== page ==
Clive A. Burden LTD. Rare Maps, Antique Atlases, Books and Decorative Prints

The Mapping of North America

Mr. Philip D. Burden‚Äč
P.O. Box 863,
Chalfont St. Giles, Bucks HP6 9HD,
Tel: +44 (0) 1494 76 33 13

The FIRST STATE of the Jan Jansson prototype map of the region which became a model for over 100 years. Many of these are referred to as being part of the Jansson-Visscher series of maps. Jansson employed ‘many different manuscript and printed sources to compile the most detailed and up to date map of the region. There is virtually no European settlement that is not recorded, and in doing so he does not show political bias as is often the case’ (Burden). It is entitled ‘BELGII NOVI’ in recognition of Belgian Protestants within the Dutch West India Company. The map is dated to 1651 based on the omission of Fort Kasimier on the Delaware River. It was built by Peter Stuyvesant in 1651 and would surely have been included.

‘The general outline of the map is derived from Peter Minuit, itself drawn from the Adriaen Block chart of 1614. This is most noticeable by the curious depiction of the shoals off Cape Cod. The map is improved in many areas but in others, particularly the St. Lawrence River and Lake Champlain, Janssonius still relies on the out-of-date map of Champlain, 1632. The region of New Amsterdam is much improved with a more recognisable form of Manhattan Island. Long Island is also more accurately portrayed as one homogeneous island. Janssonius records the ever expanding English settlements as far as Long Island, particularly the eastern portion. At its western end can be found a recognisable Breukelen, amongst others. The Hudson River is full of names, even the Maquaas Kill, or Mohawk River, the latter bearing largely Indian villages.

The Versche, or Connecticut River, is similarly extended far inland. Many of the English settlements appear here for the first time on a printed map. Mr. Pinsers marks the site of Springfield, founded by William Pynchon in 1636. Voynser, Windsor, Herfort, Hartford, and Weeters Velt, Weathersfield, all appear. For good measure the Dutch fort of Goode hoope built in 1623 is also shown. Along Long Island Sound Stamfort, Nieuhaven and Milfort are more easily recognised. Both Martha’s Vineyard and Nantucket are present below a curiously named NIEUW HOLLANT. Less knowledge of the English presence in Massachusetts is seen by the noticeable lack of Boston, already the most important town of the region. The short lived Swedish presence on the Delaware River from 1638 is shown with the first illustration of the settlements, such as t’ Fort Christina and t’ Fort Elsenburgh. The Delaware River itself is curiously connected upriver with the Hudson, and the delineation of the Susquehanna is much improved’ (Burden).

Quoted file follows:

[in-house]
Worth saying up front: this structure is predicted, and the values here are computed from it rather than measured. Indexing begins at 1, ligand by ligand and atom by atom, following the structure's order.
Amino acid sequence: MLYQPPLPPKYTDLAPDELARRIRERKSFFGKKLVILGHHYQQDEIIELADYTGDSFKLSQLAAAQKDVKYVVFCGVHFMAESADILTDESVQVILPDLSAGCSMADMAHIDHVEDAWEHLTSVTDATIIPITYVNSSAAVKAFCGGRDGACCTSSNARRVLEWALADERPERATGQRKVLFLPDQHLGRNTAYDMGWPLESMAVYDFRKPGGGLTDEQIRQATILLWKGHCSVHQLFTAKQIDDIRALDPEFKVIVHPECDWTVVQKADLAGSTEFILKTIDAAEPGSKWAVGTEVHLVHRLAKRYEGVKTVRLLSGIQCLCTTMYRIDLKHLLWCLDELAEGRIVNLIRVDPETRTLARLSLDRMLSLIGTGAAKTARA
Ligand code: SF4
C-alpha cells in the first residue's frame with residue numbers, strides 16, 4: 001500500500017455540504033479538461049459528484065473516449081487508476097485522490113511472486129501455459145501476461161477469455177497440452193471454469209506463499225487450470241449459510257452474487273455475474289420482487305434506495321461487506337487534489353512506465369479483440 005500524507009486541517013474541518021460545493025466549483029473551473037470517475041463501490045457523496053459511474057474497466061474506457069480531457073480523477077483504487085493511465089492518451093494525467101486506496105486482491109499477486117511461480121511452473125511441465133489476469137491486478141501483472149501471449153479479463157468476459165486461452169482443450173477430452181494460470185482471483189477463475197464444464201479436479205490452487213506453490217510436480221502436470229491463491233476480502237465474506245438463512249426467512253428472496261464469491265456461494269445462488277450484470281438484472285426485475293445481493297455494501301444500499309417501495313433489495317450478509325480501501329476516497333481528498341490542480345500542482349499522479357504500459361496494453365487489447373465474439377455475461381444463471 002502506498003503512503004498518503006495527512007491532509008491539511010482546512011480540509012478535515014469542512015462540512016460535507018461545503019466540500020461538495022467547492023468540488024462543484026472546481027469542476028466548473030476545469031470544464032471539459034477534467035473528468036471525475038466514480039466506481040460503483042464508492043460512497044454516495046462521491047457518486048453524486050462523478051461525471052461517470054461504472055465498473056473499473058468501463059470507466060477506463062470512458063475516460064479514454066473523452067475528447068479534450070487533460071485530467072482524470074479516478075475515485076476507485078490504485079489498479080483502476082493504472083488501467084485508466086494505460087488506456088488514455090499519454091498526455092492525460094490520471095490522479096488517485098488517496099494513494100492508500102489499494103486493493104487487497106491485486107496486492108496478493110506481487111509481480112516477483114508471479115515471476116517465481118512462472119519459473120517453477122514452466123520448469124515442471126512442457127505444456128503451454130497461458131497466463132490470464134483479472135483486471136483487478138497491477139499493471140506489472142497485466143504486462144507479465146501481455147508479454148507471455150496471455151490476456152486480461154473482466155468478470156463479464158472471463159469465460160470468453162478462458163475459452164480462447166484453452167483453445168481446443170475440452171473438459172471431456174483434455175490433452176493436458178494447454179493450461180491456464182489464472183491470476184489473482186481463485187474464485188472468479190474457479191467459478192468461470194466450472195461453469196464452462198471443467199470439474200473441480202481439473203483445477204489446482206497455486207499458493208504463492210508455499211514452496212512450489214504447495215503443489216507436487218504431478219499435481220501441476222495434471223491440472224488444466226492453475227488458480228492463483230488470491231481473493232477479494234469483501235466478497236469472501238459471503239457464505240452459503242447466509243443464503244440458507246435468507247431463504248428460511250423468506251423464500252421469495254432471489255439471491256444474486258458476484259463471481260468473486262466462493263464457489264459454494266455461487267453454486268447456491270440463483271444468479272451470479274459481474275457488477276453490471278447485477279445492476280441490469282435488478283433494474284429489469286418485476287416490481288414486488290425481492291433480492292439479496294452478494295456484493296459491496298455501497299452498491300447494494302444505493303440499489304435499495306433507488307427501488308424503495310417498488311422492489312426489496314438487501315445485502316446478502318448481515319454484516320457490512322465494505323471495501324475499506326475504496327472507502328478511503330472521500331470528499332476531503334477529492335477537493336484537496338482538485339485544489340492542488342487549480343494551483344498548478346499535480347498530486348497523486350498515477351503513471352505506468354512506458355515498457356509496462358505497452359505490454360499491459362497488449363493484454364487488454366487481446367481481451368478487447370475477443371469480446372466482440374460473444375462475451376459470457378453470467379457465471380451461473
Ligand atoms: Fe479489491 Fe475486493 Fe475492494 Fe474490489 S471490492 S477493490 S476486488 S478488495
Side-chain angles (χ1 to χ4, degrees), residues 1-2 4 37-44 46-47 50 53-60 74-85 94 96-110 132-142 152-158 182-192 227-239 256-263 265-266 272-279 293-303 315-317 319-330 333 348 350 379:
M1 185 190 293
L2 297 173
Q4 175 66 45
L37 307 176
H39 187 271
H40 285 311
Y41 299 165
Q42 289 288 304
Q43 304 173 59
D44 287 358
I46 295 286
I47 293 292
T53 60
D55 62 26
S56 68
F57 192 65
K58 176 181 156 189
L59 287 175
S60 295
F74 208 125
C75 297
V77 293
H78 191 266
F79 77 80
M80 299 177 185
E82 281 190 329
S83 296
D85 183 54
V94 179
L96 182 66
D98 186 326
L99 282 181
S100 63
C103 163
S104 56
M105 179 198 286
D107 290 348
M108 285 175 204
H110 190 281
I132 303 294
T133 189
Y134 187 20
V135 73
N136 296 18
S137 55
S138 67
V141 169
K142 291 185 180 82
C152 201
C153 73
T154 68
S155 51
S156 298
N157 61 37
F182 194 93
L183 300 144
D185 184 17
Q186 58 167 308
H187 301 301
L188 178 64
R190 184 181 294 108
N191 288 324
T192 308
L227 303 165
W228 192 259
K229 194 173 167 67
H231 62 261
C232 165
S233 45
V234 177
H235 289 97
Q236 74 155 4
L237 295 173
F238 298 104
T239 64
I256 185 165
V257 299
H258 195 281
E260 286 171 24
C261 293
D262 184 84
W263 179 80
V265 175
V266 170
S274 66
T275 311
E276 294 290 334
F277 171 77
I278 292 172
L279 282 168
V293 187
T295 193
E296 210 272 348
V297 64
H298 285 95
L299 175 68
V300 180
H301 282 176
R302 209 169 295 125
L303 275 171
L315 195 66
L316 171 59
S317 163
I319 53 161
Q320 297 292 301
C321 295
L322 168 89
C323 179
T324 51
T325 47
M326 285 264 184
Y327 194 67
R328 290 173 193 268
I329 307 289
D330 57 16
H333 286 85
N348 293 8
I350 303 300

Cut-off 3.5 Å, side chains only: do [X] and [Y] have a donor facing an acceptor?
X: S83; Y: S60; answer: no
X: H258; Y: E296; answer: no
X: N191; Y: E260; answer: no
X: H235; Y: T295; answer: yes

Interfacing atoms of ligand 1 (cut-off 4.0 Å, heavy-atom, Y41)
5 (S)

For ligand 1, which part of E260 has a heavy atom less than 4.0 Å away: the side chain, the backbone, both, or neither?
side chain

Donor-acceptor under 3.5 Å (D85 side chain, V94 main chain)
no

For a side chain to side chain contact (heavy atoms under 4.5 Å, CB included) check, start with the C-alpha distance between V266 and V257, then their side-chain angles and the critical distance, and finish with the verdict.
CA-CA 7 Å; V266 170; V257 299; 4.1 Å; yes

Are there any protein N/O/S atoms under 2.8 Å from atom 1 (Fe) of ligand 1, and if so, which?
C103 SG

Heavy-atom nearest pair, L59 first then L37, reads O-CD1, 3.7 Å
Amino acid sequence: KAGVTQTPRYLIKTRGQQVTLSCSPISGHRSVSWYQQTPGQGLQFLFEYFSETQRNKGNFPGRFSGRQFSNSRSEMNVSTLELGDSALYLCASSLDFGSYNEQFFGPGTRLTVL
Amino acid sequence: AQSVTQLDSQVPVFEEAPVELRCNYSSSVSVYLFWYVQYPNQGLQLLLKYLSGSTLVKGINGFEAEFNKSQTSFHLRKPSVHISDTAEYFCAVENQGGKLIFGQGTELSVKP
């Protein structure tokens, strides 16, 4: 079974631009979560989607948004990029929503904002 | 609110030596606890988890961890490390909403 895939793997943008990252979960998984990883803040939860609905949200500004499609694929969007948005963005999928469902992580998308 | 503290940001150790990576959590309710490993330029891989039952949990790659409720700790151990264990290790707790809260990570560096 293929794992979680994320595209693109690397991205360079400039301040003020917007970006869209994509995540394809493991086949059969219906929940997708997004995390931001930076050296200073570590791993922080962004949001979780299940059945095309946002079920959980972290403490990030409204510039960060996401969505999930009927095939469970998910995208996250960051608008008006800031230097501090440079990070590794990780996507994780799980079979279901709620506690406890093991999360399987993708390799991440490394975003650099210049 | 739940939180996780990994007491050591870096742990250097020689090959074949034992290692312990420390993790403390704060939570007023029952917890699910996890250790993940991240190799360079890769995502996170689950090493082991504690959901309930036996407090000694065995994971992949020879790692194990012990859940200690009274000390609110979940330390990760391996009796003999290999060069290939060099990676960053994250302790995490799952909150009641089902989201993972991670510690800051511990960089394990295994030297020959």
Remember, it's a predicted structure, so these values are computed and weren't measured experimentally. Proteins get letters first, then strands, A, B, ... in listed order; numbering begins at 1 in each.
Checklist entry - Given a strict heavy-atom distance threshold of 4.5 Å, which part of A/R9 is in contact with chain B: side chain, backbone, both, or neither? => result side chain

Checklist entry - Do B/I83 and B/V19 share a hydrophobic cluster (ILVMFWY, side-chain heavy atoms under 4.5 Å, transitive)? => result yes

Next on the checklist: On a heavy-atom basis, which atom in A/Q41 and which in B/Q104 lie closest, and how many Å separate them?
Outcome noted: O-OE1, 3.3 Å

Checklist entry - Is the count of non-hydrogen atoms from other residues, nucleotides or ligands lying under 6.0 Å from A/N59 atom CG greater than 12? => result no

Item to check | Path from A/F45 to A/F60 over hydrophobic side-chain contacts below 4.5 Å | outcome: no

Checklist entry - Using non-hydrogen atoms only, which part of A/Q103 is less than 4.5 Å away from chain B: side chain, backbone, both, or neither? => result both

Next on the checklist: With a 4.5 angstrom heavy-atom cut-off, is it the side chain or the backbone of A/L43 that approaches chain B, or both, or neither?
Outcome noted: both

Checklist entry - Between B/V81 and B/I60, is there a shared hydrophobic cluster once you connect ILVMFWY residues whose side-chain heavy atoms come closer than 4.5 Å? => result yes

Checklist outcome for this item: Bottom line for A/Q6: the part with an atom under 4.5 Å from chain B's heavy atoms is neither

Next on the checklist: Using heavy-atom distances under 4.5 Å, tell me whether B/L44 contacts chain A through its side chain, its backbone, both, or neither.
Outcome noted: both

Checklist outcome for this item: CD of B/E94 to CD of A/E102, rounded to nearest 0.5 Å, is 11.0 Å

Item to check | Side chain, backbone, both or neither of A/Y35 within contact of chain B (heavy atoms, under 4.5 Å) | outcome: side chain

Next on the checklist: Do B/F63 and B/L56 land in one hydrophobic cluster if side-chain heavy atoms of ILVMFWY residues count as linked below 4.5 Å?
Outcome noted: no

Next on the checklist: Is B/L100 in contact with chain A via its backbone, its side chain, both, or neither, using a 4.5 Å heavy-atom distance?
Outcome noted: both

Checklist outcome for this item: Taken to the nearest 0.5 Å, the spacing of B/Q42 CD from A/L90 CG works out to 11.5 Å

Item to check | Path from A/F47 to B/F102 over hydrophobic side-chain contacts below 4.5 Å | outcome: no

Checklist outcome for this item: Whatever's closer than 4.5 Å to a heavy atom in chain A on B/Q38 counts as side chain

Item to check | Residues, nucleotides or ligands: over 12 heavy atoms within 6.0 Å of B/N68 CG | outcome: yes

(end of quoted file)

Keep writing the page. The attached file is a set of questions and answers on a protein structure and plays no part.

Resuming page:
The first state of the map was separately published but is known to appear in the fifth volume of Jansson’s ‘Atlas Novus’, 1657, but only in the Latin edition. Burden (1996) 305; Campbell (1965) pp. 279-84 nos. 1-3; Cumming (1980) p. 83; Fite & Freeman (1926) pp. 146-8; Koeman (1967) vol. 2 pp. 159-63 & 495 ME 166 no. 6 (incorrectly listing the map as a later state of Janssonius’ map of 1636); Stokes (1915) vol. 1 pp. 143-6, & vol. 2 pp. 118-20, pl. 39 (illustrates the Minuit map).


Belgii Novi Angliae Novae, et Partis Virginiae Novissima Delineatio

Amsterdam, 1651
450 x 530 mm., with early outline and wash colour, in good condition.
Stock number: 10000


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